And Celia Schorr, spokeswoman for No on 1107, says the industry is making Washington an example in its bid to turn back taxes on soda pop in other states.
“They are worried about sending a message to other states. Basically it’s a warning shot: Don’t try this. If you adopt a soda tax in your state, this is what we’ll do to you,” Schorr said Friday. “It’s a sad state of affairs when a huge corporate interest can come into a state and basically wave their checkbook around and scare everybody.”
I-1107 would repeal several tax changes adopted by the Democrat-controlled Legislature this year: new temporary taxes on bottled water and soda, a permanent sales tax on candy, and a permanent change in the business and occupations tax on certain food processors that make products that contain processed meat.
The targeted taxes are worth about $107 million the first of three years, and the temporary tariffs on pop and water expire in mid-2013 – unless lawmakers vote to continue them.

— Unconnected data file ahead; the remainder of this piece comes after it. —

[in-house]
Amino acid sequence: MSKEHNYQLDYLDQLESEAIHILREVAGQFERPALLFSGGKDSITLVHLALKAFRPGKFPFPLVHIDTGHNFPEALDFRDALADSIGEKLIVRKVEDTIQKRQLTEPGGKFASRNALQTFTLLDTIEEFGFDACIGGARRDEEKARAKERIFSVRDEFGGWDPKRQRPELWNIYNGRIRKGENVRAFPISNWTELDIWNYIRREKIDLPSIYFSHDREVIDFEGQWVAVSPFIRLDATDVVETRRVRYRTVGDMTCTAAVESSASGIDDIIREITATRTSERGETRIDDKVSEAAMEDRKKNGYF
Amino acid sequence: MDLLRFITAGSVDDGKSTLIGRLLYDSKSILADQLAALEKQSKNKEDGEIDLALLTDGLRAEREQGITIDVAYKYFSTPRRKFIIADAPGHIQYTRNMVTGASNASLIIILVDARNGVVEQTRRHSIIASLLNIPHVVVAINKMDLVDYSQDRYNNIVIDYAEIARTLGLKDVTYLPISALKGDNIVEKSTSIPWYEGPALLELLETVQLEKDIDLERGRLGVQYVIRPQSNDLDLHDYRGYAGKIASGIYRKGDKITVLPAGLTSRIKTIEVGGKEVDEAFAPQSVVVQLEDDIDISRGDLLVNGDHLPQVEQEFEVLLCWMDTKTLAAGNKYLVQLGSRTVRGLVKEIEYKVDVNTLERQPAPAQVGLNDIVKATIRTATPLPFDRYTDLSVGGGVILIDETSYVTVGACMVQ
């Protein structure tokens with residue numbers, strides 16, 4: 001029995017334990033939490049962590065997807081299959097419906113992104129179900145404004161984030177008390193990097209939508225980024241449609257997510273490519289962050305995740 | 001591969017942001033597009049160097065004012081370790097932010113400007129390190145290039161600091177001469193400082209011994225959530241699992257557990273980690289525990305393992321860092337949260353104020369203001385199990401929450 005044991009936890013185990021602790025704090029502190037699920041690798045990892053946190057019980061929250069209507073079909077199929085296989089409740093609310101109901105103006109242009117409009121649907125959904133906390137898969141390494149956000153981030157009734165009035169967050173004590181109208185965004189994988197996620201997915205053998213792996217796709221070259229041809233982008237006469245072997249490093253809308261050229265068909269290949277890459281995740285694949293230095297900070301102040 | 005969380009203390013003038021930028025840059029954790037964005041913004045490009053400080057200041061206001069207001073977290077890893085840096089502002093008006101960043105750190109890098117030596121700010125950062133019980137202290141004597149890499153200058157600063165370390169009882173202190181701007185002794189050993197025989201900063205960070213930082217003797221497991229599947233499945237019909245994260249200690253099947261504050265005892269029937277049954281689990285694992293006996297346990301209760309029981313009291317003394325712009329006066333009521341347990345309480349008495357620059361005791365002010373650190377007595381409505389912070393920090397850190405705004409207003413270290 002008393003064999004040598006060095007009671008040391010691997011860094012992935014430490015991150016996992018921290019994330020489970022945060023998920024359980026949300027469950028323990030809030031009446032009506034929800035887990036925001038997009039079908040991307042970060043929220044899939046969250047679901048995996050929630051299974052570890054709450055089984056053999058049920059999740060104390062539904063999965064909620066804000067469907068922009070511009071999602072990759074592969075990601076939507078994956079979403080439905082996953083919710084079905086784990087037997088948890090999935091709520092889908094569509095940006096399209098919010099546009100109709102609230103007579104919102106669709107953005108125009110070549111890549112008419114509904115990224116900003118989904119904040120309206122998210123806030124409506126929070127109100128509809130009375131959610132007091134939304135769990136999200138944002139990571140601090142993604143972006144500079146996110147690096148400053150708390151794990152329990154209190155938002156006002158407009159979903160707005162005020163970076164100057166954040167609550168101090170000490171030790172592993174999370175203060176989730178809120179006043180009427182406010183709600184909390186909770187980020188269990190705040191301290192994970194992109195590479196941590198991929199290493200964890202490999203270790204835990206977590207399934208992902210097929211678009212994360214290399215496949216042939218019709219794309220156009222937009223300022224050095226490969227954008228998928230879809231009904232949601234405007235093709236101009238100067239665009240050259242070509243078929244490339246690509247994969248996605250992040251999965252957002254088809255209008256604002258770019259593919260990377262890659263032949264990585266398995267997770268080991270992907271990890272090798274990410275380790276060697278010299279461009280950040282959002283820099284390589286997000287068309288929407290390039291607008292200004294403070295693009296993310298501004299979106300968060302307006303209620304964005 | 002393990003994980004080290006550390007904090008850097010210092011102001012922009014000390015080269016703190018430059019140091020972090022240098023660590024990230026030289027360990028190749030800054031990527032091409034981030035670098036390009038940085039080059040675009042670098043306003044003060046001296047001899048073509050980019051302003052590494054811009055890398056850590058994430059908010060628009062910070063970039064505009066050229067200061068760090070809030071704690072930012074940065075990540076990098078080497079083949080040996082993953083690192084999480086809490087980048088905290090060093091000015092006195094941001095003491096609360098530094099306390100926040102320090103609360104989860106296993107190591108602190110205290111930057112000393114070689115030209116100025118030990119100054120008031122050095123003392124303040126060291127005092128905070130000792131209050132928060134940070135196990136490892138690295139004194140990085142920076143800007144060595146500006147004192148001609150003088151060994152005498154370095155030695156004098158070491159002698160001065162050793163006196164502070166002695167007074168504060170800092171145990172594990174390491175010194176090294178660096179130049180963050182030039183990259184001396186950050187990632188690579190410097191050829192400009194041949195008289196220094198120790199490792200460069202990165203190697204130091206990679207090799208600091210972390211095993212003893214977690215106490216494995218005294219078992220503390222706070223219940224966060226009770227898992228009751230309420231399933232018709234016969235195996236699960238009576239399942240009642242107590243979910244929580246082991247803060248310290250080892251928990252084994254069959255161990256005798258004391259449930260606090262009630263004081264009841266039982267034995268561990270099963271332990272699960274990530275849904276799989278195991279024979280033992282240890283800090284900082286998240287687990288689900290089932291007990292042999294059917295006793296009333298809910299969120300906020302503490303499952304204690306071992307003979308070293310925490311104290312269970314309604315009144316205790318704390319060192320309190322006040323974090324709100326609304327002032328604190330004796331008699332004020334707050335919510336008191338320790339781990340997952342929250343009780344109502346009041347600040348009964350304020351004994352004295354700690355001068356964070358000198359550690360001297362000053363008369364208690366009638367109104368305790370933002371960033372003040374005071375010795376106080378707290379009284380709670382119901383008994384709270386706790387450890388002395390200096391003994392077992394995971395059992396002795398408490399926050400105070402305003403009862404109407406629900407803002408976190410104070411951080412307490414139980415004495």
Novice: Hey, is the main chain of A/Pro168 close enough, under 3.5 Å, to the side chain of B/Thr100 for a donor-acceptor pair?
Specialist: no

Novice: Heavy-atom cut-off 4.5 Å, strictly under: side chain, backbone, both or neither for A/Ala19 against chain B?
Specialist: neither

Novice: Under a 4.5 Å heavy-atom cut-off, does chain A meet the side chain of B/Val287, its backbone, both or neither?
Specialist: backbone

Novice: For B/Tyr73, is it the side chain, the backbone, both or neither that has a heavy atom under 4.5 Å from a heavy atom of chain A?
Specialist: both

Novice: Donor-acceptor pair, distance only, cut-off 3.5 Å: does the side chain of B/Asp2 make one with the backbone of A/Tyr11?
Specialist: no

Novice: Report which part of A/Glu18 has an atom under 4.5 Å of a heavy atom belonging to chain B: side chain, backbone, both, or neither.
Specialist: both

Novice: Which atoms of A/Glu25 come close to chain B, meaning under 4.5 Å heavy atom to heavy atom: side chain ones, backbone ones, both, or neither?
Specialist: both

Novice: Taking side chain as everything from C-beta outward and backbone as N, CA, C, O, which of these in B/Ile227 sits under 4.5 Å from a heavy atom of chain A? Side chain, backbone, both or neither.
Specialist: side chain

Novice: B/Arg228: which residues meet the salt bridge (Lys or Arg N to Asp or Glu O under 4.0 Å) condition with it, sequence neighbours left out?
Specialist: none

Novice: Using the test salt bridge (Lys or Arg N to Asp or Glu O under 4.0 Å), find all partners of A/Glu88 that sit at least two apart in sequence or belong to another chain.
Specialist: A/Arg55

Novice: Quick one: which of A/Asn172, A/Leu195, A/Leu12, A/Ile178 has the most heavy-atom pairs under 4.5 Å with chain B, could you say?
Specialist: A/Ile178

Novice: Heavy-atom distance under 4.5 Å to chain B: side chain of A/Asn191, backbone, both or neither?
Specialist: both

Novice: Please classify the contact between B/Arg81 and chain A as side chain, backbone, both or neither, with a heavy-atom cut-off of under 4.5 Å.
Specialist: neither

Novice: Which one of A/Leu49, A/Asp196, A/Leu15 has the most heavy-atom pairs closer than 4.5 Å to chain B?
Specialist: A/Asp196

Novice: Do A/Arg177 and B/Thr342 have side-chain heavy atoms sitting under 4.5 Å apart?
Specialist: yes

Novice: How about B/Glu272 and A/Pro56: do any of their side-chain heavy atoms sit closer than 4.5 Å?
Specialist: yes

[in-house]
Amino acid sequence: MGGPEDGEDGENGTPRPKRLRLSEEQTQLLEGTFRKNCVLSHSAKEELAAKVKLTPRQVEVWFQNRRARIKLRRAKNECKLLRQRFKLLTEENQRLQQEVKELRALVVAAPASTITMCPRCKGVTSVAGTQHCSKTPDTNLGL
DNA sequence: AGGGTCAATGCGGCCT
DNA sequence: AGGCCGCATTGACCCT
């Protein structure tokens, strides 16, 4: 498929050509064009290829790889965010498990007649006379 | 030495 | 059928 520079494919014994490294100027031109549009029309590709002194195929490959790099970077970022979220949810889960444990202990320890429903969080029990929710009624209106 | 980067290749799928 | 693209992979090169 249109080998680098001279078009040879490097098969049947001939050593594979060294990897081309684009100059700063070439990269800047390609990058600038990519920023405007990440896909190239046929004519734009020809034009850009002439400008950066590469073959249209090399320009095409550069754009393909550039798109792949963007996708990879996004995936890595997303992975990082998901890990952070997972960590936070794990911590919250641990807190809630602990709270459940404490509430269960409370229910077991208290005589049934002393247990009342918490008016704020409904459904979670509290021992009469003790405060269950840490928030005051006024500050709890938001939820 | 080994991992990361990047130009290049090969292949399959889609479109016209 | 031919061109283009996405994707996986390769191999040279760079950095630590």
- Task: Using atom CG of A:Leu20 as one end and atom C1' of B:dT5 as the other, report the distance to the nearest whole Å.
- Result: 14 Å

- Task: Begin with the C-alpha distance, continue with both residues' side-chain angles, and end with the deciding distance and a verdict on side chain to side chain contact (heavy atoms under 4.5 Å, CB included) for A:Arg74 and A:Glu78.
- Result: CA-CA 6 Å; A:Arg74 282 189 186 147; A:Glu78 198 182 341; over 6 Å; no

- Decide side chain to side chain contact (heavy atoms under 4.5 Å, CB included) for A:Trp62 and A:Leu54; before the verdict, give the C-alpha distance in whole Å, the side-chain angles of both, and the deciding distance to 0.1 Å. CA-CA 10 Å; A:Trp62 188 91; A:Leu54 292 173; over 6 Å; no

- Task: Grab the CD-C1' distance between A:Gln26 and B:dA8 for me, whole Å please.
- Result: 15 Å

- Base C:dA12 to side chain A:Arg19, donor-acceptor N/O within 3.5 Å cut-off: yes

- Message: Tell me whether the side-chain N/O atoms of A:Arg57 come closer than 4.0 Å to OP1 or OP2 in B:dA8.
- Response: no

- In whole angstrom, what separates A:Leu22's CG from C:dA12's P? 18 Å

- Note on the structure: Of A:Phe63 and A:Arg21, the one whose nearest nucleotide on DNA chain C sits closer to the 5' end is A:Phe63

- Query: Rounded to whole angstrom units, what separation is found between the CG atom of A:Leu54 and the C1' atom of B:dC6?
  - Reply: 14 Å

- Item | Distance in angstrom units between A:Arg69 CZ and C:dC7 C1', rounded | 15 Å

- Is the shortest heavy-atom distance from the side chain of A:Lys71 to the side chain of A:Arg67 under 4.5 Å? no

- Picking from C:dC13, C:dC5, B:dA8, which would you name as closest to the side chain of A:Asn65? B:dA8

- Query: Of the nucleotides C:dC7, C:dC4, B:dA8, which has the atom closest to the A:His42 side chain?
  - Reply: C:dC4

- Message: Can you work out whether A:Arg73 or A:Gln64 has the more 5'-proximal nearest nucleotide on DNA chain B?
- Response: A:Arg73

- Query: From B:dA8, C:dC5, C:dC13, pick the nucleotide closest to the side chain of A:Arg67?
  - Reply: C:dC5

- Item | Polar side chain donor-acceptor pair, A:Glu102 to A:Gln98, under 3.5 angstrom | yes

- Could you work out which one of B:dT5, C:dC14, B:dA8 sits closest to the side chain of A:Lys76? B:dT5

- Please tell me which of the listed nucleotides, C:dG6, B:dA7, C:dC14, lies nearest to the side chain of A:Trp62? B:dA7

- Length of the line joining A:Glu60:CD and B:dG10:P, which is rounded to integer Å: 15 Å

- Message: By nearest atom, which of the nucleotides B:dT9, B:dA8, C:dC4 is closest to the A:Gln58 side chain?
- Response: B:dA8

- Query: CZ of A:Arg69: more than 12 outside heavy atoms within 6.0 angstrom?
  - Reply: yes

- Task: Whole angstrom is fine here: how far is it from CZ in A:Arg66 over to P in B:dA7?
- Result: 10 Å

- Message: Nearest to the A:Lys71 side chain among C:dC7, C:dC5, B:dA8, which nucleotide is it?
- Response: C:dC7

With less than two weeks until the Nov. 2 deadline to postmark ballots, I-1107 appears to have strong public support. The KCTS-9/KPLU/Washington Poll of 500 voters earlier in October showed it passing 56 percent to 36 percent, with a 4.3 percent error margin.
No on 1107 activists are fighting back with less money – even enacting a “Soda Challenge” contest that asks their supporters to submit videos making fun of the American Beverage Association’s costly campaign. The contest will pay $1,107 to the creator of the winning video.